Growing up fast on Burrows Street

Childhood isn’t always the carefree time it’s cracked up to be. Sometimes things happen that force kids to grow up quickly. On a warm, drowsy June day in 1848, one knock on a schoolhouse door propelled 9-year-old Daniel Burrows into adulthood.

Daniel was gazing out the classroom window daydreaming about being someplace else when his teacher, Mr. Avery, came over to him and said, very kindly and very gently, that he was excused for the day. Daniel was puzzled but pleased, until he stepped outside and was told by the neighbor who’d come for him that his little brother, Rhodes, not yet 2 years old, had had a convulsion and died.

Just that very morning, Rhodes had tried to follow him to school; Daniel had taken the toddler back to their house on Burrows Street in Mystic and told him to stay there. Now he wished he’d been nicer and less annoyed with his baby brother. Daniel must have felt like crying, but that isn’t what a big boy should do. With Father away on business, he had to be strong for his stepmother and three little step-sisters.

Daniel never forgot how scared he felt that dreadful day. There probably wasn’t much he could do to help, but it felt like the end of childhood.

Daniel’s mother had died when he was an infant. His father, Capt. Rhodes Burrows, remarried quickly and started a second family. Father had a fish drying business that often took him all the way to Cuba for extended periods. This time, his anticipated return date had passed; it was hard to quell the fear that there’d been an accident at sea and that Father might never come home again.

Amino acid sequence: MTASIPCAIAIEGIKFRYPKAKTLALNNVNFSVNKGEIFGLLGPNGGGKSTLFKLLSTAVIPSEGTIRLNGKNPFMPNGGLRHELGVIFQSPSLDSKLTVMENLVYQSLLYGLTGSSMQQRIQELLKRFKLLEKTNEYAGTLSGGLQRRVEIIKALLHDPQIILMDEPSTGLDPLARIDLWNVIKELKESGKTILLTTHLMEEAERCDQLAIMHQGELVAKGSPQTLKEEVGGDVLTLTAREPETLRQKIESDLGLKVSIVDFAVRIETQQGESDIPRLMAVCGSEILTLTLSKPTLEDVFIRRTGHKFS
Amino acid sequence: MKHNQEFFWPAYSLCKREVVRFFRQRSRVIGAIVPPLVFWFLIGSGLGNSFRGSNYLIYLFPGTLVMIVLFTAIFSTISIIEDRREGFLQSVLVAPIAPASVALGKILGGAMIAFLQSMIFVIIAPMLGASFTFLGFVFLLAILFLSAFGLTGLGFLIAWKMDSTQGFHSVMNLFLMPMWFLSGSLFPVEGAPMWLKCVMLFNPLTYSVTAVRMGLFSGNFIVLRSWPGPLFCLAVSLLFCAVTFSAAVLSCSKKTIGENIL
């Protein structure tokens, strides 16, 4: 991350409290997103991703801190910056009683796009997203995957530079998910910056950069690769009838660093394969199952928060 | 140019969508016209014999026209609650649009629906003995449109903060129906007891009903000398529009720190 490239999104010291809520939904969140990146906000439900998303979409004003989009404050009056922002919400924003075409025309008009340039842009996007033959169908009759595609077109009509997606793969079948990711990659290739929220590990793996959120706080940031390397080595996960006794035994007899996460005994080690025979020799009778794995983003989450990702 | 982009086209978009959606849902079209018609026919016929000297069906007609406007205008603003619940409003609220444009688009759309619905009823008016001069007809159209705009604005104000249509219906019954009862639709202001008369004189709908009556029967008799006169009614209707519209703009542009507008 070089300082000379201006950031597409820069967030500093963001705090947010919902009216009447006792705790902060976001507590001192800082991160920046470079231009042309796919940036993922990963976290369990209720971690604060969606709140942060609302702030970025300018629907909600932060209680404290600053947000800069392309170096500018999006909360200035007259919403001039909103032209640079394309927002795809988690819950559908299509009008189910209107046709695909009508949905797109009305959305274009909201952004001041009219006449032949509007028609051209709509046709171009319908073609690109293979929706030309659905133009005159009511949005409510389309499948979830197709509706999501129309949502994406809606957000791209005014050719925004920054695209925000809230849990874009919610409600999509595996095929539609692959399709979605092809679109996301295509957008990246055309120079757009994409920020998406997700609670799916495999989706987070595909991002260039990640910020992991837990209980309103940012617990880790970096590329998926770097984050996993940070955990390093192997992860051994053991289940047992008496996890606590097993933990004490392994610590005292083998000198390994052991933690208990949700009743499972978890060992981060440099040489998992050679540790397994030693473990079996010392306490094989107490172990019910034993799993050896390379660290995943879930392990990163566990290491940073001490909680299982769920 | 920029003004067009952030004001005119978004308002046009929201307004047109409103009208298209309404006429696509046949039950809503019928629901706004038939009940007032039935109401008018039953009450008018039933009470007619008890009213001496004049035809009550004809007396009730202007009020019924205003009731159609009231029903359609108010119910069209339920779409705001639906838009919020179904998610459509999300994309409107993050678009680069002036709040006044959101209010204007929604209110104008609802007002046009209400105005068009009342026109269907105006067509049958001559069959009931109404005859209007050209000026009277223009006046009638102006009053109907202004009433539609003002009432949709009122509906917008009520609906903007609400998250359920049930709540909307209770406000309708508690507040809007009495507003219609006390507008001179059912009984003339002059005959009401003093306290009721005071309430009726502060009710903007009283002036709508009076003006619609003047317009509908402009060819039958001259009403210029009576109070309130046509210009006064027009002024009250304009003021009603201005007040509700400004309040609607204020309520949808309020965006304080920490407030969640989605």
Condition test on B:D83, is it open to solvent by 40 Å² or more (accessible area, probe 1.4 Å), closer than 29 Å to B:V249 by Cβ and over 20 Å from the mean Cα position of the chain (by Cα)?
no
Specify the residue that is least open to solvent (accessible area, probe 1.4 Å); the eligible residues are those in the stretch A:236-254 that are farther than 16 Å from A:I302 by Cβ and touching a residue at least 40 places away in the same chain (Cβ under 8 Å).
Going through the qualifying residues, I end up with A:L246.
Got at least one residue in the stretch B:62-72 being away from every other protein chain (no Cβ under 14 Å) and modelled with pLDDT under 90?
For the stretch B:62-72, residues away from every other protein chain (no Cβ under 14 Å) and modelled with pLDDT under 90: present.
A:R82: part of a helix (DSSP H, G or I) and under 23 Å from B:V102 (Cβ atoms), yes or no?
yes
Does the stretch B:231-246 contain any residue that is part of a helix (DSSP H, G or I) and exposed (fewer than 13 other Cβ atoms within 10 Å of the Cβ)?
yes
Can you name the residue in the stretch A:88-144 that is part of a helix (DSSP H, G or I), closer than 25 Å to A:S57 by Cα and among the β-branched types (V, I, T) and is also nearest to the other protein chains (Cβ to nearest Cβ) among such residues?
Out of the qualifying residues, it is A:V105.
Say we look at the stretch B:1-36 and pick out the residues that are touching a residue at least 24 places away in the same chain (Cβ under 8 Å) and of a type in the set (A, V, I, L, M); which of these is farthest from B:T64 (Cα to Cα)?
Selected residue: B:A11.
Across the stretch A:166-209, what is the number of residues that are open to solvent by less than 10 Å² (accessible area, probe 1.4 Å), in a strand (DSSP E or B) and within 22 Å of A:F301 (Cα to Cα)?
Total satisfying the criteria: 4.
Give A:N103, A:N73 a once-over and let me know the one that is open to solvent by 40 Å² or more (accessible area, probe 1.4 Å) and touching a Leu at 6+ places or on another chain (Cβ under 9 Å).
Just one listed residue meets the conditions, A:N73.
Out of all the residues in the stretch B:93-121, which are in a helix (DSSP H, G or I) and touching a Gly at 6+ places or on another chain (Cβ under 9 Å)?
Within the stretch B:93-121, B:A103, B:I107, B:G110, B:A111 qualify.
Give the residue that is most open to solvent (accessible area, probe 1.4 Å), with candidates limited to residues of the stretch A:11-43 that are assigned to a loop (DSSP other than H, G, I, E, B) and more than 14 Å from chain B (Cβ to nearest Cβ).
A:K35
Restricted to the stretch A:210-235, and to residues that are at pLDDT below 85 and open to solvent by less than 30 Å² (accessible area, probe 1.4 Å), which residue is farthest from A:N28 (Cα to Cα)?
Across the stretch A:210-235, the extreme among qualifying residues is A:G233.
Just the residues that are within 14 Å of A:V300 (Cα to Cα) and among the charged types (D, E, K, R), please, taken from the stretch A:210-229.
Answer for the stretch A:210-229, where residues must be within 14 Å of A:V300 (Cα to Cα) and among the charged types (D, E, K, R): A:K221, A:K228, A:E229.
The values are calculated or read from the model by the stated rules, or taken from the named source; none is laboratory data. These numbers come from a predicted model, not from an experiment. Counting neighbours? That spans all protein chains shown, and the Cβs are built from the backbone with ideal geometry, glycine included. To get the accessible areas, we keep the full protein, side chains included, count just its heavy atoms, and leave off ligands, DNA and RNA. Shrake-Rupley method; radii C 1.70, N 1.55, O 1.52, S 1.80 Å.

Two months later, Capt. Rhodes did come home, and family events sound relatively normal until the start of the Civil War.

Capt. Rhodes was a blockade runner during the Civil War and suffered as a POW in a Confederate prison. Several years ago, I wrote a column about his dramatic story, but I didn’t consider the impact this father’s absence would have on his family.

By this time, Daniel was in his early 20s, with six siblings. Now, not knowing whether or not Father would ever return, Daniel took on the financial support of the family. He worked in a boiler factory, tended the farm, and studied at night to further his education. Sometimes when his stepmother was ill, he cooked the family breakfasts. According to his step-sisters, he was bossy about insisting that they eat his concoctions. The girls deplored his pancakes, which were over an inch thick and tasted disgusting, but years later, they recalled with affection and respect their brother’s diligence and dedication to the family.

When Capt. Rhodes was released from prison, he was so emaciated that his eyes glittered eagerly at the sight of food. His family had to gently restrain him from eating too much too soon. When his father’s health improved sufficiently, Daniel was able to begin leading his own life. He got a job in Washington, D.C., married a woman from Baltimore, and started a family of his own.

Perhaps you’re wondering where I found some of these personal details. The answer is that a friend lent me a book, “An Account of My Life” by Helen May Clarke, published by the Mystic River Historical Society and available through the society's website. Clarke started keeping a journal when she was 10 years old and recorded not only her own experiences but family stories passed down by her grandmother, one of Daniel’s sisters. Helen’s diary provides a charming view of early 20th-century Mystic through the eyes of a precocious child, and it preserves the story of a very young man who met tough challenges with a stalwart heart.

Sources: “An Account of My Life” by Helen May Clarke, The Mystic River Historical Society, 1997, and "Robert Burrows and descendants, 1630-1974” by Burrows, R. Earl, Ann Arbor, Michigan, 1975.

 

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